Feb 9, 2019, we had the pleasure of Alaine Raven, Business Development Manager of First American
Exchange Company coming to our event to address our interest in comparing 1031 Exchange and
Opportunity Zone (OZ).
Alaine gave us a detail and insightful presentation.
She started explaining the nature of each of the process:
1031 Exchanges is for real property.
Properties involved in 1031 Exchange must be held for investment or in connection with a trade or business but do not have to be similar use.
Many criteria must be met in order to have a fully deferred exchange.
1) Taxpayer must buy replacement property(ies) of
greater or equal value.
2) Taxpayer must reinvest all proceeds from the sale of
the relinquished property(ies).
Timing is also important:
The exchange must be completed by the earlier of:
a) 180 days from the date of the first relinquished
property closing; or b) The due date of the taxpayer’s federal income tax return, together with all
The OZ program is a new investment vehicle created under a provision of the Tax Cuts and Jobs Act of
December 2017. Under the program, investors are able to temporarily defer some capital gains taxes
and potentially eliminate certain other future capital gains taxes when they invest their realized gains in
a Qualified Opportunity Fund (QOF), which is a corporation or partnership that invests at least 90% of its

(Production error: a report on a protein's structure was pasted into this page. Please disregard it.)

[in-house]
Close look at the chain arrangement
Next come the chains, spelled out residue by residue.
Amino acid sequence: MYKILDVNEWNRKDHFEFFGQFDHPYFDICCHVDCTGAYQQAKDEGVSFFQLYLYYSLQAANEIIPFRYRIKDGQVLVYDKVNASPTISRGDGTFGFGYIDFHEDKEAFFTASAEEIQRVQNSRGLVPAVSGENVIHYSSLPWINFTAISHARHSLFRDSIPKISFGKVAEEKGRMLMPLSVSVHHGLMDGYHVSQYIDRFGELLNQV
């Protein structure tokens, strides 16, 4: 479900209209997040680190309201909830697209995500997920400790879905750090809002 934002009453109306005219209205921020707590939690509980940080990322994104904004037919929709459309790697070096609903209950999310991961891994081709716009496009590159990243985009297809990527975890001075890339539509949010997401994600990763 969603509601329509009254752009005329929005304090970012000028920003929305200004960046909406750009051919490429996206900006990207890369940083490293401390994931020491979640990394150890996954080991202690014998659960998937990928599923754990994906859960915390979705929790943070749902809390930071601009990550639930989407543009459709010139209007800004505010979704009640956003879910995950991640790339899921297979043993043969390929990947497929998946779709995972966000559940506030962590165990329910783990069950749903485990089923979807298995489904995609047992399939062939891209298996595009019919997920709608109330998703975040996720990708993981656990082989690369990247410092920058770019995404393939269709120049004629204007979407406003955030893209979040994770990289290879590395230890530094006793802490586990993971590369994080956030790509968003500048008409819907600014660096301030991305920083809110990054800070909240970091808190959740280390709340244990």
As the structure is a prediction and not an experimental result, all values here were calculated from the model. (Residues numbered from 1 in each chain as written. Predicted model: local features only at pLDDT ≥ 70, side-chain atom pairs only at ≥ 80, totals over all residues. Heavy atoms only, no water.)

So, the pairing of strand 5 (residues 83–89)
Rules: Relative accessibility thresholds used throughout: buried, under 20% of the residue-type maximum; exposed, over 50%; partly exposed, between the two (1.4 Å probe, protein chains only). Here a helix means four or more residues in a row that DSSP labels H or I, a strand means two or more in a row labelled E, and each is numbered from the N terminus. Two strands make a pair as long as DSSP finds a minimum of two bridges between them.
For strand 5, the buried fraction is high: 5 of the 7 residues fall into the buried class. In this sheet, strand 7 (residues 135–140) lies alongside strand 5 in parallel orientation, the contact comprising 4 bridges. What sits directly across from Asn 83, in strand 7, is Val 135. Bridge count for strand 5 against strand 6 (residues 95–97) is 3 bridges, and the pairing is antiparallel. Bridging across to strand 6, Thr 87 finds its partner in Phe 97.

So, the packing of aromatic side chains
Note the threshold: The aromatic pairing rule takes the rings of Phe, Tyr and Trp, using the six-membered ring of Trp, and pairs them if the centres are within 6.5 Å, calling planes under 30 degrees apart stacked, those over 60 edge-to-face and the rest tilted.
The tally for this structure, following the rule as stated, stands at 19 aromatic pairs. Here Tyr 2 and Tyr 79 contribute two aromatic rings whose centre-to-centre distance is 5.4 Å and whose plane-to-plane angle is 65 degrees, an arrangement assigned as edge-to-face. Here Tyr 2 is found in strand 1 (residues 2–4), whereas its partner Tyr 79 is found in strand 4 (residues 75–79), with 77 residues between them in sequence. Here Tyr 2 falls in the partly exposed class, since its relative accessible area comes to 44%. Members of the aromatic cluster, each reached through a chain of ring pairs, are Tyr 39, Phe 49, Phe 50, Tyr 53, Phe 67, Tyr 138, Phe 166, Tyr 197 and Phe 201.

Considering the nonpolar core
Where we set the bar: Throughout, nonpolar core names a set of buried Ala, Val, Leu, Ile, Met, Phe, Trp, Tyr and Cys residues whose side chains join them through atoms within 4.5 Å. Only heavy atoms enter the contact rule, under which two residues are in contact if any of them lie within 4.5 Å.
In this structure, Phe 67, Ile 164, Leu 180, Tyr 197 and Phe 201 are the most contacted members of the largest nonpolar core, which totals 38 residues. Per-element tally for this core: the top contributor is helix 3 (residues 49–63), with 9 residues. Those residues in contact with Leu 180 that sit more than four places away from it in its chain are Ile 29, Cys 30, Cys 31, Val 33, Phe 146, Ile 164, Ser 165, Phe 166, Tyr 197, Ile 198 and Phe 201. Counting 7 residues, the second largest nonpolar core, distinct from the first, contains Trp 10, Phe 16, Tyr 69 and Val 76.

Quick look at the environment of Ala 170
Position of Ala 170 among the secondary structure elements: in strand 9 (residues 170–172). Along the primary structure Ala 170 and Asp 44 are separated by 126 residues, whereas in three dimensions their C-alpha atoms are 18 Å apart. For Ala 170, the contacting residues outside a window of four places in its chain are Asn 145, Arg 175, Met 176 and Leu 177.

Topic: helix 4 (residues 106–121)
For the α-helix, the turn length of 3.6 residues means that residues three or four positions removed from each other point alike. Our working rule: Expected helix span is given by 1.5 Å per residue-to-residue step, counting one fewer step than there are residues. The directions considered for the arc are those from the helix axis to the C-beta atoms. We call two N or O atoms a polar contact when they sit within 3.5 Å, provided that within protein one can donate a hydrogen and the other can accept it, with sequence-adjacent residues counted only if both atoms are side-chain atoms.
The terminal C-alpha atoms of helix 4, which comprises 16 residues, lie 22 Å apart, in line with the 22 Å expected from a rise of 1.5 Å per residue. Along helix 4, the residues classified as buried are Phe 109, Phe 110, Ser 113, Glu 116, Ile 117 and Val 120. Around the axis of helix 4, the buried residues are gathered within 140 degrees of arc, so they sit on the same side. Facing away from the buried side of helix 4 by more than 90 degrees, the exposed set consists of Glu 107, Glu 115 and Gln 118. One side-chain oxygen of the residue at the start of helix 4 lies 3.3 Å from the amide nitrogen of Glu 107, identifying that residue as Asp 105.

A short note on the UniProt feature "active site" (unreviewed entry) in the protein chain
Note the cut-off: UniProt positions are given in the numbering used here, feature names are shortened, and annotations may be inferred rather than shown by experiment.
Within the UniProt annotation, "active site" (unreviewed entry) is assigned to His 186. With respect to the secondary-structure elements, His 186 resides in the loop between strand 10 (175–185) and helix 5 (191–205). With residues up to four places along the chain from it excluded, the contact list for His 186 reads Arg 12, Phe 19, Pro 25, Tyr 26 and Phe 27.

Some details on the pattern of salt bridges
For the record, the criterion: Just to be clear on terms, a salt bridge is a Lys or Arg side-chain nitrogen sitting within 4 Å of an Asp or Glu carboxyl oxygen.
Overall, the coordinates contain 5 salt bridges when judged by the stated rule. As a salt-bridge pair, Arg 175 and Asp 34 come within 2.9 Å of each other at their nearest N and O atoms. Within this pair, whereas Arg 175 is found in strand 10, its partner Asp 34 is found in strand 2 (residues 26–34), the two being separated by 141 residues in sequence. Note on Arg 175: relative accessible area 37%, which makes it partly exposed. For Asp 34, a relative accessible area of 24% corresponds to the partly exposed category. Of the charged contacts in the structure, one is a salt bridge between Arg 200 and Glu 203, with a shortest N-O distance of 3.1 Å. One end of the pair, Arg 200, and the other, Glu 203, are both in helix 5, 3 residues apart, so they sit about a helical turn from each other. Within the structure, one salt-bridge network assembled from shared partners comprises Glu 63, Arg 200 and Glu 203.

assets in QOZ property or interests.
Deferral of gain, Partial forgiveness of deferred gain, Forgiveness of additional gains are available under
However, the requirement is that the QOF may not simply purchase and hold the QOZ property or asset,
but must make substantial improvements to that property.
In selecting whether to take 1031 Exchange or OZ, Alaine suggested to us to consider the following:
Current investment maxed out on Depreciation?
No depreciation is available with OZ
NEED competent legal, tax and financial advisors to assist to ensure successful implementation of OZ
As an additional note to our audience, Alaine pointed out that the primary residence exclusion allows
taxpayers to exclude up to $250,000 of gain ($500,000 for married couples filing jointly)
Using primary residence exclusion with 1031 Exchange will bring even more tax savings. This may, for
example, happen when you have an office in your home or own a duplex in which you live in one unit
and rent the other unit.
Or, if you move out of your primary residence and rent it for a couple of years before you sell it, you will
be able to exclude gain using the primary residence exclusion and defer any excess gain by doing a 1031
exchange into another property.
Our audience enjoyed very much her detailed and precise presentation. They were especially impressed
by her meticulous explanation of the each process involved in 1031 exchange, and her comprehensive
consideration of the Pros and Cons of OZ.